Risk factors include tobacco consumption, poor diet, insufficient physical activity, being overweight or obese, alcohol misuse, infectious diseases and exposure to ultraviolet radiation. To help Australians address these risk factors the Department of Health has implemented various cancer prevention measures which include the:
National Tobacco Strategy/ National Tobacco Campaign 2011
National Alcohol Strategy
National Human Papillomavirus Vaccination Program
National Tobacco Strategy/ National Tobacco Campaign 2011To improve the health of all Australians, the National Tobacco Strategy aims to eliminate or reduce exposure to tobacco in all its forms.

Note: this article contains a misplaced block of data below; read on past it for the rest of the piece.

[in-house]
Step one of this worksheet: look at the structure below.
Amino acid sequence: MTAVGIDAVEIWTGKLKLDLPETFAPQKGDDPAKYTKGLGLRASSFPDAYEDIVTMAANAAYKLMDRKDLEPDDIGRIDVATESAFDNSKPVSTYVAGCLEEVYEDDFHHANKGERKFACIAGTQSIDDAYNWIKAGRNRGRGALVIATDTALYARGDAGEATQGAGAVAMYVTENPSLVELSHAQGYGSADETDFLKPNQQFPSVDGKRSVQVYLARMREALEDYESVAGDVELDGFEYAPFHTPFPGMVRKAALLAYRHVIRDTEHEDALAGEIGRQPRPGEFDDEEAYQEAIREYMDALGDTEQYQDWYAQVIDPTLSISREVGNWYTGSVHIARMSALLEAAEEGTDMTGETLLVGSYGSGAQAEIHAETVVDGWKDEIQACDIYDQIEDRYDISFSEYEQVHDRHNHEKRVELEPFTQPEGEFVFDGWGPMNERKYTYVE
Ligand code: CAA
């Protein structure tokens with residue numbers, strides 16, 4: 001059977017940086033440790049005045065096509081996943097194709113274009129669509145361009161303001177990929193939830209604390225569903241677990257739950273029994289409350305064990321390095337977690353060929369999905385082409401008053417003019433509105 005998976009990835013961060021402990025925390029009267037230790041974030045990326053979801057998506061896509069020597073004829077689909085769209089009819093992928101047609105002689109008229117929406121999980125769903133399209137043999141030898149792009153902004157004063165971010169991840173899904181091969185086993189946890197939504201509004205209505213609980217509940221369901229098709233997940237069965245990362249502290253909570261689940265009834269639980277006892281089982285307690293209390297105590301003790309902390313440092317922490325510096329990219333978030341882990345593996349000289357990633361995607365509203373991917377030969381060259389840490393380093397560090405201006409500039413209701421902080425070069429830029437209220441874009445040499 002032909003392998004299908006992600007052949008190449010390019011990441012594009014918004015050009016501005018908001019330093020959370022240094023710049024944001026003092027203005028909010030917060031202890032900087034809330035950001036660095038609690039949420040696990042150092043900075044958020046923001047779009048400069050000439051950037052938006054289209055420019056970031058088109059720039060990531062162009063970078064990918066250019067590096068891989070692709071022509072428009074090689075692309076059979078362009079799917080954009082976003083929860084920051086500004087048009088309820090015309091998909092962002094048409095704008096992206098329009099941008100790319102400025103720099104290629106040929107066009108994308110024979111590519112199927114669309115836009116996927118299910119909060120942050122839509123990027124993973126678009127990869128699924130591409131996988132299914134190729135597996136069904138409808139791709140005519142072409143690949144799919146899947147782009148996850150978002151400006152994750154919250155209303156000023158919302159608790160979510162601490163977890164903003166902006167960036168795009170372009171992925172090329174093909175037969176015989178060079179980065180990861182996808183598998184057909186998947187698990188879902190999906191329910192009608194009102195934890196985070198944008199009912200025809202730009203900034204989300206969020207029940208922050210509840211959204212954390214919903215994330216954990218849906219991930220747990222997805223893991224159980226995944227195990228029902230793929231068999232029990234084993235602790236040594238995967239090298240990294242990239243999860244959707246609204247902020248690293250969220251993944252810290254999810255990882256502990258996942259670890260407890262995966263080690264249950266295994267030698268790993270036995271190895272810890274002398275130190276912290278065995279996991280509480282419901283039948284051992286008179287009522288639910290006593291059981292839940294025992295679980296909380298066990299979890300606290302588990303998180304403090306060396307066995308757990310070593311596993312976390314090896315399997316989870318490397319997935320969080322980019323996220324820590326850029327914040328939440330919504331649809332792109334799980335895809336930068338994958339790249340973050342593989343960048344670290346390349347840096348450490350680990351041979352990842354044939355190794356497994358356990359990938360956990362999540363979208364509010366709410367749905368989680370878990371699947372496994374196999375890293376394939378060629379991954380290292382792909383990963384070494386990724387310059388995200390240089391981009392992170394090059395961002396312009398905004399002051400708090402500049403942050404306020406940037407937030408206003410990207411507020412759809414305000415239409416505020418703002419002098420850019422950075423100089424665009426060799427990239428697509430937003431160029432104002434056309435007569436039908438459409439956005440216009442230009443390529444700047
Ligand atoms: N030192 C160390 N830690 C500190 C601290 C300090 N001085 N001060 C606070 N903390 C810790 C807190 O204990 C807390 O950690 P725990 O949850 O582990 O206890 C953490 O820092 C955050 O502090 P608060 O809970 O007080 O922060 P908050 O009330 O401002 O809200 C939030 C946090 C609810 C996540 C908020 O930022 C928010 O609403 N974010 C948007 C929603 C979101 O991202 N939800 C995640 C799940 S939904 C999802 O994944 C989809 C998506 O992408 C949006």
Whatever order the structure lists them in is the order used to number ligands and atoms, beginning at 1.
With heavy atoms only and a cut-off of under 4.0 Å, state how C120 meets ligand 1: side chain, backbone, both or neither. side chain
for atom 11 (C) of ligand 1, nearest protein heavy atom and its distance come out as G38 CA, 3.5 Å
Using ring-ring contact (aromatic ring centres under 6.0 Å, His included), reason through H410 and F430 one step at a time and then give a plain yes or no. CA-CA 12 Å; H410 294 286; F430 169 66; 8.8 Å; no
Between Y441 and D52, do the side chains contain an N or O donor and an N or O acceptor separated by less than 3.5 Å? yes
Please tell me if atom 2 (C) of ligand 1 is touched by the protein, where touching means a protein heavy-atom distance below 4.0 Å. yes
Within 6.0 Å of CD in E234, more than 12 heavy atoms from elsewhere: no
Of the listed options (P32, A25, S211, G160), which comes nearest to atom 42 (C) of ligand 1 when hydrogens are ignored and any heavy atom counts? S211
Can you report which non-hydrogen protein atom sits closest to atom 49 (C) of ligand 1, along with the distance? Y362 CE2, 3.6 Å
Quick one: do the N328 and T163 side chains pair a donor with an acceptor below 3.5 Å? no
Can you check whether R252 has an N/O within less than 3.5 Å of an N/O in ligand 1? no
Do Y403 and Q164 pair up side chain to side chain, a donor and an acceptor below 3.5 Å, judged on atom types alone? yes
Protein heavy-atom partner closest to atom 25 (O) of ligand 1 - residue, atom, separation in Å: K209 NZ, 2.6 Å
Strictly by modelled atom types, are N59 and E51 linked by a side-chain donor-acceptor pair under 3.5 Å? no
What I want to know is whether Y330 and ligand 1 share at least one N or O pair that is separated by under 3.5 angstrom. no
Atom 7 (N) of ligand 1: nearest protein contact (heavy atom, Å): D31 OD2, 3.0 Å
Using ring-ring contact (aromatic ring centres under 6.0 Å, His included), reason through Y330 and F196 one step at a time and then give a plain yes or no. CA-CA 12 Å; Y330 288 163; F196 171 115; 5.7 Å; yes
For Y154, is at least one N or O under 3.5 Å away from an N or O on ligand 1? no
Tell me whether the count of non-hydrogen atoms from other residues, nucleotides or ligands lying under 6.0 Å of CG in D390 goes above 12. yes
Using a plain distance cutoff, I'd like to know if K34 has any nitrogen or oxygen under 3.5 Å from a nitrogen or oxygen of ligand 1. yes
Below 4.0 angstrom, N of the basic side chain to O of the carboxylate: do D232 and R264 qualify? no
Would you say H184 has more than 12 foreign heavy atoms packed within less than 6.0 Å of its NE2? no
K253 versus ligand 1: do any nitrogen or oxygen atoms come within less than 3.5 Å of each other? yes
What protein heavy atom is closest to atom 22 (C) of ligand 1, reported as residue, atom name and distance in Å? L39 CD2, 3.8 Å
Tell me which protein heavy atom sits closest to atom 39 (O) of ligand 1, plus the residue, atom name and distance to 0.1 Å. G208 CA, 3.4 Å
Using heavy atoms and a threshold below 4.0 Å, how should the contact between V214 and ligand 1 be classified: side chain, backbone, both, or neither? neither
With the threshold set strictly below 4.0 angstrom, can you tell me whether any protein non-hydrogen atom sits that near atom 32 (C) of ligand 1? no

The National Tobacco Strategy (NTS) is a policy framework for the Australian Government and state and territory governments to work together and in collaboration with non-government organisations to improve health and to reduce the social costs caused by tobacco. The National Tobacco Strategy 2004-2009 has been evaluated and, following consideration of its findings, a new strategy will be developed in 2011.
The National Tobacco Campaign aims to contribute to a reduction in the prevalence of adult daily smoking from 16.6% currently to 10% by 2018. To achieve this, several marketing activities combine to engage with current smokers to encourage them to make a quit attempt, support current quitters in making their quit attempt and help them reduce their chance of relapse. Top of page